KUALA LUMPUR – It has been over a thousand years since the death of Abu Nasr Al-Farabi, who is widely known as Al-Farabi, but his philosophy and teachings continue to remain relevant and used as inspirations worldwide.
One such country that celebrates the life and teachings of Al-Farabi is Malaysia, located almost 6,000 km away from the birthplace of the famous philosopher and Islamic thinker in Syr Darya, previously known as Farab in Kazakhstan.
Farabi is a popular name among Muslim men in Malaysia. The same name is also adopted by various schools in the country and interestingly, there is also a heavy metal band called Al Farabi that aims to spread the message of Islam through music.
One of the most popular books on Al-Farabi, “Al-Farabi: Life, Works and Significance” was published in Malaysia in 1987. The book was written by renowned Malaysian scholar and Emeritus Professor of Philosophy of Science at University of Malaya, Datuk Dr. Osman Bakar.
He is also an Emeritus professor, Al-Ghazali Chair of Epistemology and Civilizational Studies and Renewal at the International Institute of Islamic Thought and Civilization.
“A few years ago, some friends persuaded me to republish the book. So, I added one new chapter and published the second edition (of the same book) in 2018. The new chapter contains the wisdom and quotations from Al-Farabi’s works. I added what he said on many different subjects such as philosophy, politics, science and music among others,” he told The Astana Times in an interview recently.
The book was well-received by local and international scholars and readers, and many copies were sent to Kazakhstan in the last two years with the support of the Embassy of Kazakhstan in Malaysia and Al-Farabi Kazakh National University in Kazakhstan.
The book also helped strengthen the relationship between Malaysia and Kazakhstan due to the countries’ mutual interest in the Islamic thinker.
Dr. Bakar said that he’d love to see his book, “Al-Farabi: Life, Works and Significance” be translated into Kazakh and Russian as it would greatly benefit people not only in Kazakhstan but also people in Muslim countries that have been part of the Soviet Union such as Azerbaijan and Uzbekistan.
The book is currently available in English and Bahasa Malaysia, the official language of Malaysia.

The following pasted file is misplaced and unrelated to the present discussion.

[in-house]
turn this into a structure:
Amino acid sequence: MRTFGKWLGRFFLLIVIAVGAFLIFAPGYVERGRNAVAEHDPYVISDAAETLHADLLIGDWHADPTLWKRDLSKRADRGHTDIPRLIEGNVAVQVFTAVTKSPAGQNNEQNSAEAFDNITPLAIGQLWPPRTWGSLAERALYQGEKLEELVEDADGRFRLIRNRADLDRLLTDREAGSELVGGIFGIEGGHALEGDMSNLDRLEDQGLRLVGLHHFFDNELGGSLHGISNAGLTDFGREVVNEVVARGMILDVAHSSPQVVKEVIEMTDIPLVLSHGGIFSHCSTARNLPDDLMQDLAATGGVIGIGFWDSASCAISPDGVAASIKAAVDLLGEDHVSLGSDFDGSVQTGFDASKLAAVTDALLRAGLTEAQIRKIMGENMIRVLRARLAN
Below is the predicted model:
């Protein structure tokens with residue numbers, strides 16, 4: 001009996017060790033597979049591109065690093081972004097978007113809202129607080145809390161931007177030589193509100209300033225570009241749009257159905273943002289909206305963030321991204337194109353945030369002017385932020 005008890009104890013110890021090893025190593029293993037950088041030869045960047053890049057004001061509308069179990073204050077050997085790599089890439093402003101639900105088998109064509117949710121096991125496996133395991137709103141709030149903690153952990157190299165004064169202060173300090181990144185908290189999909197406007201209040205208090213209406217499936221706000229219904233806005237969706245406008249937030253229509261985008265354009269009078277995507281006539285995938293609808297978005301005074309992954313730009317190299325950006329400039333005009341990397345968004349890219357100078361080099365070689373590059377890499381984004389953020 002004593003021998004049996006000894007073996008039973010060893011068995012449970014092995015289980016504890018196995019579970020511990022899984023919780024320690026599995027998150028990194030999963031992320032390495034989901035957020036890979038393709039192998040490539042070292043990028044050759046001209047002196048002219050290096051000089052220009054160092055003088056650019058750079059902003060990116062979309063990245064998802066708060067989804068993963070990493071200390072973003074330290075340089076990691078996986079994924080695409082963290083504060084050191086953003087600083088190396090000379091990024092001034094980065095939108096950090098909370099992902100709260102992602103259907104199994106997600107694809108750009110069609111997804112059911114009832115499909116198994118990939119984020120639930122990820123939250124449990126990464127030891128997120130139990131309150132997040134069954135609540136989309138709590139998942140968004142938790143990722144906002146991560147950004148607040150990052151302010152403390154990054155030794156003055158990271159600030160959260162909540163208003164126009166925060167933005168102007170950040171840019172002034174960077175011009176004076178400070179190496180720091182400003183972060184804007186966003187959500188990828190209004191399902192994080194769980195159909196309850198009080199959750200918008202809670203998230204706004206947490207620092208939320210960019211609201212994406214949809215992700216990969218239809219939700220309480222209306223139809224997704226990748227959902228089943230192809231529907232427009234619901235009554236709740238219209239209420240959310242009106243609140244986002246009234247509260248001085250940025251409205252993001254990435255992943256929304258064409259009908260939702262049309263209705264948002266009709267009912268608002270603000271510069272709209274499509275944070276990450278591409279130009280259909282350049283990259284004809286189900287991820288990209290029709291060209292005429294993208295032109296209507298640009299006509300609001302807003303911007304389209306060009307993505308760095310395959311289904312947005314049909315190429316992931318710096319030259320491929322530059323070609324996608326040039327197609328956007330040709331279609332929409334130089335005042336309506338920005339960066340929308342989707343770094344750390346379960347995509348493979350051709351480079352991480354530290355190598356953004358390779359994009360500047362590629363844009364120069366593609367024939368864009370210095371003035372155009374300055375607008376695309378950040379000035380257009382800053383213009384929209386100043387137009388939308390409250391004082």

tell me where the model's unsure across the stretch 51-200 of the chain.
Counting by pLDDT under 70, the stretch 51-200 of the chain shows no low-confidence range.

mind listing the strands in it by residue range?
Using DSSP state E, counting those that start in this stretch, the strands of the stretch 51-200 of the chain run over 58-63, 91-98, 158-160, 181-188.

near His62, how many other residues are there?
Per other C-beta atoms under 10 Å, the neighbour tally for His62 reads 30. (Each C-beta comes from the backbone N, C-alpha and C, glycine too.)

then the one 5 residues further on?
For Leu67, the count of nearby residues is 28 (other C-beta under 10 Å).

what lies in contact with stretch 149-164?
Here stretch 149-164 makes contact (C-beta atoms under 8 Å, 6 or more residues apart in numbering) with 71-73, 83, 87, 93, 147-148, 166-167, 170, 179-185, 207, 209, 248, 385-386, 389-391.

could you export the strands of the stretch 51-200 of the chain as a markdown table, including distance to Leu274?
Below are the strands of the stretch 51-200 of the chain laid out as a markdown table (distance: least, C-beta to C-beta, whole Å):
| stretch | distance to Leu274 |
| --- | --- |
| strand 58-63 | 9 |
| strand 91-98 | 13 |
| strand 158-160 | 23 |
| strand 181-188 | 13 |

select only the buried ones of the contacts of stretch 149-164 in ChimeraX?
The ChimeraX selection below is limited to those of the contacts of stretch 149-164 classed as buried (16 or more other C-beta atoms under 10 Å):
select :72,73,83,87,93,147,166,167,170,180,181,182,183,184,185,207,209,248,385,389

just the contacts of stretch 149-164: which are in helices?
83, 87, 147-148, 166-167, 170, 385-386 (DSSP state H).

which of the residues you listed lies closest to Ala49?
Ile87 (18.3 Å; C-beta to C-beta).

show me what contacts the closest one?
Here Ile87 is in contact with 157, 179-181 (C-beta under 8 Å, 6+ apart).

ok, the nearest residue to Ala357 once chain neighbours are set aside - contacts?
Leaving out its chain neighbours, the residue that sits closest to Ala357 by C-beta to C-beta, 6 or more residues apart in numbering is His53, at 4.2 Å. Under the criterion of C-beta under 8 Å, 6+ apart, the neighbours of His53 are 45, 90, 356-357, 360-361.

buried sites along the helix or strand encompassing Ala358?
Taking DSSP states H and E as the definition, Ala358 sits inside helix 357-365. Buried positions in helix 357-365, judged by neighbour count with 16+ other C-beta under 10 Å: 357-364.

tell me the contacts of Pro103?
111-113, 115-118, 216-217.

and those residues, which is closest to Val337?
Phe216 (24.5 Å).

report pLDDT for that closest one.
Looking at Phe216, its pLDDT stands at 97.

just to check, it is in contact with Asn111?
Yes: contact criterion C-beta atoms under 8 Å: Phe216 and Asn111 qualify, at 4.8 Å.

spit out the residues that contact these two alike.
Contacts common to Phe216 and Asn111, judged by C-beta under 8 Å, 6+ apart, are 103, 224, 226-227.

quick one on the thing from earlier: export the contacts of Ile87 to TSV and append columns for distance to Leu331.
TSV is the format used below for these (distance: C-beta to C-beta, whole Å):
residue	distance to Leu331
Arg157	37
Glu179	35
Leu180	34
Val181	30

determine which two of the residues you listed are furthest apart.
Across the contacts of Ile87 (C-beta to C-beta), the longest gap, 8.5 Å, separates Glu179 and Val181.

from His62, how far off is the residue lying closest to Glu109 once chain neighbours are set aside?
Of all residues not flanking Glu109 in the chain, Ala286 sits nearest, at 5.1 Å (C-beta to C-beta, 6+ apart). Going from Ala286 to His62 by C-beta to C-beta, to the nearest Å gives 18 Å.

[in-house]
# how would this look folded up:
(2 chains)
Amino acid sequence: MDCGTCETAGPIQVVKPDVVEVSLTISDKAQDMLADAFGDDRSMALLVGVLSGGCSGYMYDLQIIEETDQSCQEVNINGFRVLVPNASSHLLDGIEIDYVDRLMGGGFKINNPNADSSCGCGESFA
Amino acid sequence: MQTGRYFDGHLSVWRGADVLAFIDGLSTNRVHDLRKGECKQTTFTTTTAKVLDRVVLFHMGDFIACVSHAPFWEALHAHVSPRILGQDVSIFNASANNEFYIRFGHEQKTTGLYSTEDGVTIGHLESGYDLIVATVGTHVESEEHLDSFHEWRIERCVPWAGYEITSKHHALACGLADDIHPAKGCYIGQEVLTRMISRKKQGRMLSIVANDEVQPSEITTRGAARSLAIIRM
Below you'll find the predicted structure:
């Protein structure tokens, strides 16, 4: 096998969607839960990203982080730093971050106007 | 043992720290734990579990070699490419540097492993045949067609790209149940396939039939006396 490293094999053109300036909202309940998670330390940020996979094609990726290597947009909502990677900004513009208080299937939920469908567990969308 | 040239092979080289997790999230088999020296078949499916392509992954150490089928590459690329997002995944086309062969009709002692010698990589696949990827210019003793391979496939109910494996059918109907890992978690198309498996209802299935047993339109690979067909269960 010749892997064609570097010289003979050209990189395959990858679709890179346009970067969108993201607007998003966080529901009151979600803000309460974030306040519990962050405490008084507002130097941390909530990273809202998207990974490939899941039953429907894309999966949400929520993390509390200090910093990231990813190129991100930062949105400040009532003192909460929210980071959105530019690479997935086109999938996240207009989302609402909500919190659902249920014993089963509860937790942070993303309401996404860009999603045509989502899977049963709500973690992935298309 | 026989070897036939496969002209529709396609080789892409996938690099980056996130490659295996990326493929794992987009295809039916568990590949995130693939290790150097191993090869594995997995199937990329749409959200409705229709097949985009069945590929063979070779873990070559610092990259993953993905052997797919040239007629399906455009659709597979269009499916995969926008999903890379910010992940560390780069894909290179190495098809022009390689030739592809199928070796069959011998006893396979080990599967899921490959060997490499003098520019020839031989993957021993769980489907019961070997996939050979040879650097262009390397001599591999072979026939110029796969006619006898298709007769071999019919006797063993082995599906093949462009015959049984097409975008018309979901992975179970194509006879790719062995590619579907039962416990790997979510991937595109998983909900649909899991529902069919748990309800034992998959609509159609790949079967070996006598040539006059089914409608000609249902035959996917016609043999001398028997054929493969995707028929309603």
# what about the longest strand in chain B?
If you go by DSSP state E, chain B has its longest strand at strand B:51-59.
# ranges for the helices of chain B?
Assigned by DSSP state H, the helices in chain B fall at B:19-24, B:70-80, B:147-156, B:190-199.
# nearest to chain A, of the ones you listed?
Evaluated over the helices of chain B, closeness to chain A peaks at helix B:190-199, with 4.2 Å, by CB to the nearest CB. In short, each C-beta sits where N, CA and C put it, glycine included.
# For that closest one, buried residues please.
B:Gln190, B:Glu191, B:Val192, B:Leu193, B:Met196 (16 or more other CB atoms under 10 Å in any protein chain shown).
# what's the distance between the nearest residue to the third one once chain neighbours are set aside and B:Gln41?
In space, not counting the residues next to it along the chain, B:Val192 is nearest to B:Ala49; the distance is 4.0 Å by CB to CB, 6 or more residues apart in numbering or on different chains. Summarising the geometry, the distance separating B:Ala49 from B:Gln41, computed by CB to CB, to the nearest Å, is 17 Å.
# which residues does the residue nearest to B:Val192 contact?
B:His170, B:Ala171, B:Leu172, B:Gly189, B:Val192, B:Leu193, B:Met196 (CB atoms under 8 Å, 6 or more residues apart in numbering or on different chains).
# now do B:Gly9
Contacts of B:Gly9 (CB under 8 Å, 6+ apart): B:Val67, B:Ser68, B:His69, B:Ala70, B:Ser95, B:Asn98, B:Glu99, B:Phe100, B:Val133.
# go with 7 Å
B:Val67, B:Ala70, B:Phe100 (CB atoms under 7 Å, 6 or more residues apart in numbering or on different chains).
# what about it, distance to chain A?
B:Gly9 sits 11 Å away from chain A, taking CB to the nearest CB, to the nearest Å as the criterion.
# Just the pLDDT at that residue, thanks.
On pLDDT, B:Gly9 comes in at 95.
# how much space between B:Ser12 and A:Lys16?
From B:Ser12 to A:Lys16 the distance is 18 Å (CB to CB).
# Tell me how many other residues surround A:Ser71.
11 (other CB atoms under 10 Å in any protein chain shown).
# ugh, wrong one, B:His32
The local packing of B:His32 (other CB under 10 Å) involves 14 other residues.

The interest in Al-Farabi for Dr. Bakar started in 1971 when he was a Master of Science in Mathematics post-graduate student at the University of London. He read a book called “Science and Civilization in Islam” written by renowned Iranian writer, Seyyed Hossein Nasr that included a chapter on Al-Farabi.
“When I read that book, I was attracted to the chapter on Al-Farabi because he was the first Muslim thinker, the first Muslim philosopher and scientist to have classified all branches of knowledge. That was the first thing that attracted me and since then, I’ve been reading about him,” he said.
Ten years later, Dr. Bakar went to Temple University in Philadelphia, America to pursue his doctoral studies in Islamic philosophy of science under the tutelage of none other than Seyyed Hossein Nasr. He wrote his dissertation on Islamic philosophy of science and later published it as a book titled “Classification of Knowledge in Islam.”
Speaking about the impact of the Al-Farabi book in Malaysia, he said that it had raised awareness about the Islamic philosopher who was dubbed as the Second Teacher after Aristotle. There are also schools called Al-Farabi throughout the country that focus on a systematic Islamic-based educational approach.
Moreover, many Malaysians have led the way in many studies on Al-Farabi given that the philosopher is as famous as another Central Asian thinker, Ibn Sina – also known as Avicenna in the West.
Al-Farabi was a polymath and a knowledge-seeker, said Dr. Bakar, adding that the Islamic thinker spent his whole life teaching. He also learned many languages, which then inspired Dr. Bakar to learn new languages too.
“He loved music and he was a musician. He was a composer. He also invented musical instruments. His idea about unity of knowledge – that is very important to me. I’ve been following that my whole life.”
“He showed that unity was something not only in his mind but also in his heart, and that is also reflected in the dozens of works that he wrote. Al-Farabi wrote a lot on the art of thinking. Today, people talk about creative thinking. Well, Al-Farabi is a role model when it comes to harmonizing creative thinking,” Dr. Bakar added.
There is a saying in Bahasa Malaysia “Jauh berjalan, luas pandangan,” which means the further one travels, the more knowledge one learns. Dr. Bakar opined that the younger generation today should be open to travel extensively to seek knowledge and gain new life experiences. Al-Farabi was known as a world traveler. When he was alive, he traveled from his place of birth, Farab to Bukhara, Constantinople which is present-day Istanbul, Baghdad, Cairo and many other places.
The young Muslim generation also should emulate Al-Farabi’s behavior of being forward-looking and broad-minded in order to be able to continuously learn and gain experiences. Al-Farabi paid attention to the teachings of Islam, which emphasizes inclusiveness and universal reasoning, which is why he was accepted amongst the non-Muslims particularly Christian and Jewish thinkers in the West.
“I think it is important for people to emulate Al-Farabi’s positive attitude. He was a Muslim yet he was forward-looking and broad-minded. These are traits that a lot of young Muslims need. To be a Muslim is not to be narrow-minded. It is to be open-minded; to be critical,” Dr. Bakar said.